Stories frame our understanding of ourselves. If, as some say, we actually are the stories we tell ourselves, then the 20th century saw Australians adopt a variety of personas. We were young and free and newly federated; then self-sacrificing diggers keeping our chins up; we were carefree custodians of a lucky country; noble suburban battlers; and, lest we forget, likeable larrikins. Love them or hate them, Alan Bond and Bob Hawke were men of and for their times. As was John Howard. The century finished with his wish that we might all feel 'comfortable and relaxed'.
With the new millennium came new stories, and perhaps nothing epitomized the changes more than when, on a spring night in Sydney in 2000, Catherine Astrid Salome Freeman ran her winning 400m final. This young Aboriginal woman, her right arm tattooed with the words "Cos I'm Free", carried a country's hopes on her slim shoulders. If pressed to name those hopes, there were probably very few who could. Was it that we wanted to be seen as a country where an Indigenous woman could represent all that was best in us? Was it that we were aching to confront our Anglo-centric, white, male mythology? To free ourselves from it, and open the way for new stories?
Of course it may simply have been a nation burning for another sporting victory - the quest for gold, gold, gold is one of our most potent defining narratives - but the unfolding stories since that night suggest otherwise.
We emerged as Olympians, awash with expansiveness and a sense that the world was watching us - and liking what it saw. That sense of ourselves as a world player continues to animate us - for better and for worse.
Older stories were shape-shifting. Roo and Barney, Ray Lawler's famous cane-cutters who flew down annually from Queensland's vivid north to Melbourne's urban monochrome, morphed into FIFOs - the fly-in-fly-out army now servicing the northern mineral boom that fuelled the first decade of the 21st century. They support the 'working families' whose ever-increasing appetite for iPhones and Androids has made us among the biggest uptakers of new technology in the world. Well, that's one story we're told. We are many, of course.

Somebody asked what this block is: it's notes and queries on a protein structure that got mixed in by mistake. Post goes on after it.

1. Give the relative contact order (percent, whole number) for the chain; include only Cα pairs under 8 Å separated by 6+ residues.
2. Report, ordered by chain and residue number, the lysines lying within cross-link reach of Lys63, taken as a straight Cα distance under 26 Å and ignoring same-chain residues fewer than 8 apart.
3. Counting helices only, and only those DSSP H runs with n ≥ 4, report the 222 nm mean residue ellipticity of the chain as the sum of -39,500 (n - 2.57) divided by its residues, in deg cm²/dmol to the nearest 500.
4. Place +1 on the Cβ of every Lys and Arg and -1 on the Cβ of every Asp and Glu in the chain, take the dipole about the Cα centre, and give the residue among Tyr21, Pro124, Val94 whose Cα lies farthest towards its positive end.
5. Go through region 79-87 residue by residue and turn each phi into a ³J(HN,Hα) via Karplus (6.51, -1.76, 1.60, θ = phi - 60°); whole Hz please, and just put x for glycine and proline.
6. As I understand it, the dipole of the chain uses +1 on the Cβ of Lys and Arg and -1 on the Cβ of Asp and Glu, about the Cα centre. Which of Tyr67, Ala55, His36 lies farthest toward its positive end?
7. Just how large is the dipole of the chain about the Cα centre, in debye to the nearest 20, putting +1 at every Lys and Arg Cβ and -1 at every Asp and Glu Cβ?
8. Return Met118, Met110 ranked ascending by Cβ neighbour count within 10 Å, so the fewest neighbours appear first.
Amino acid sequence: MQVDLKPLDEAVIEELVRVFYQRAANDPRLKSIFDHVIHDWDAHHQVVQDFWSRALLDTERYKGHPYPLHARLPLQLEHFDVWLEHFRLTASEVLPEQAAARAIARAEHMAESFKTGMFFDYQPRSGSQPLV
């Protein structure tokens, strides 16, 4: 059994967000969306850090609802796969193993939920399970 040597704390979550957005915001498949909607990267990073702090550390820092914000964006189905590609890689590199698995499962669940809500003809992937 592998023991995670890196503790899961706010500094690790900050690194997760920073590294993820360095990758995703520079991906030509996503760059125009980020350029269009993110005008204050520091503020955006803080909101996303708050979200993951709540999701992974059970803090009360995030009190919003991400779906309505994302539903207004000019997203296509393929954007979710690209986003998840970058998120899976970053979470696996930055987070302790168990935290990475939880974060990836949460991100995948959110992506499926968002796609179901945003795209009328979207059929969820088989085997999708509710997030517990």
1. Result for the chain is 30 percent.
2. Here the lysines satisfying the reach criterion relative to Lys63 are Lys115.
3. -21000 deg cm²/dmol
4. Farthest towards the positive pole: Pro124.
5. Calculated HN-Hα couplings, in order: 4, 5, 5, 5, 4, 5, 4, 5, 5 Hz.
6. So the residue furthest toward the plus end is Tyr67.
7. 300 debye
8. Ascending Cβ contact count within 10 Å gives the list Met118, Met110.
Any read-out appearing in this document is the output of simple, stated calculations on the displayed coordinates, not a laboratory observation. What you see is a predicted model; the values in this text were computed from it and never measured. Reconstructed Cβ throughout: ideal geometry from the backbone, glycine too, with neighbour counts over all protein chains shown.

A mythology that underpins multiple Australian stories is our recurring preoccupation with the north, whether it be the image of the khaki-clad croc-wrestler with a wide grin; the silent solitary king in his grass castle, squinting into relentless glare; the anything-goes frontier land where roads are measured not in kilometres but in days travelled; or the outback desert - 'our red heart' - peopled with nomadic bushmen, serial killers, salt of the earth stalwarts, bigots or drag queens.
The north is epic.
Historically, it was a place where men were real and women mostly existed in relation to the needs of those men. Over time, though, it took on other qualities. To travel north became to expand, to literally broaden the horizons, and to head toward the possibility of a larger, freer version of the hemmed-in southern self. It was to choose wildness. To thrive in the north was to be a match for the vastness of the island continent. Living in the south was for those not big enough to exist with boundaries that extended to the horizon.
In David Williamson's Travelling North, we are asked to examine a version of that myth. The north has sung to Frank and Frances, in the depths of Melbourne's wintry grey. As a defining act of their new-found love, they make an epic drive to the land of big barbies, lurid shirts and campervans. They have re-written their narrative, imagining themselves coasting through tropical hamlets, pulling fish from abundant seas and finding stretches of squeaky white sand where they will be grey nomad lovers leaving only footprints as they walk through eternally warm air.
Beautiful one day…
That dream of north, and in particular of Queensland, has been sold and re-sold by successive tourist agencies. Even in the 21st century, it still plays into the collective imagination, seducing a cavalcade of Jaycos up the Pacific Highway to seek their idyll among the mangroves and the angophoras, where joints will loosen and virility be assured under an endless blue sky.
Perfect the next…
But we are also the stories that go untold. We are our secrets, too. We may be the inheritors of myths, but eventually we must stare them down and ask what lies behind them, if we are to progress.
If we are to grow.
This is a short extract from a longer essay that will be published in the program for Travelling North, which will be available at Box Office and The Bar for $10.
Travelling North, 9 Jan - 22 Mar 2014, Wharf 1 Theatre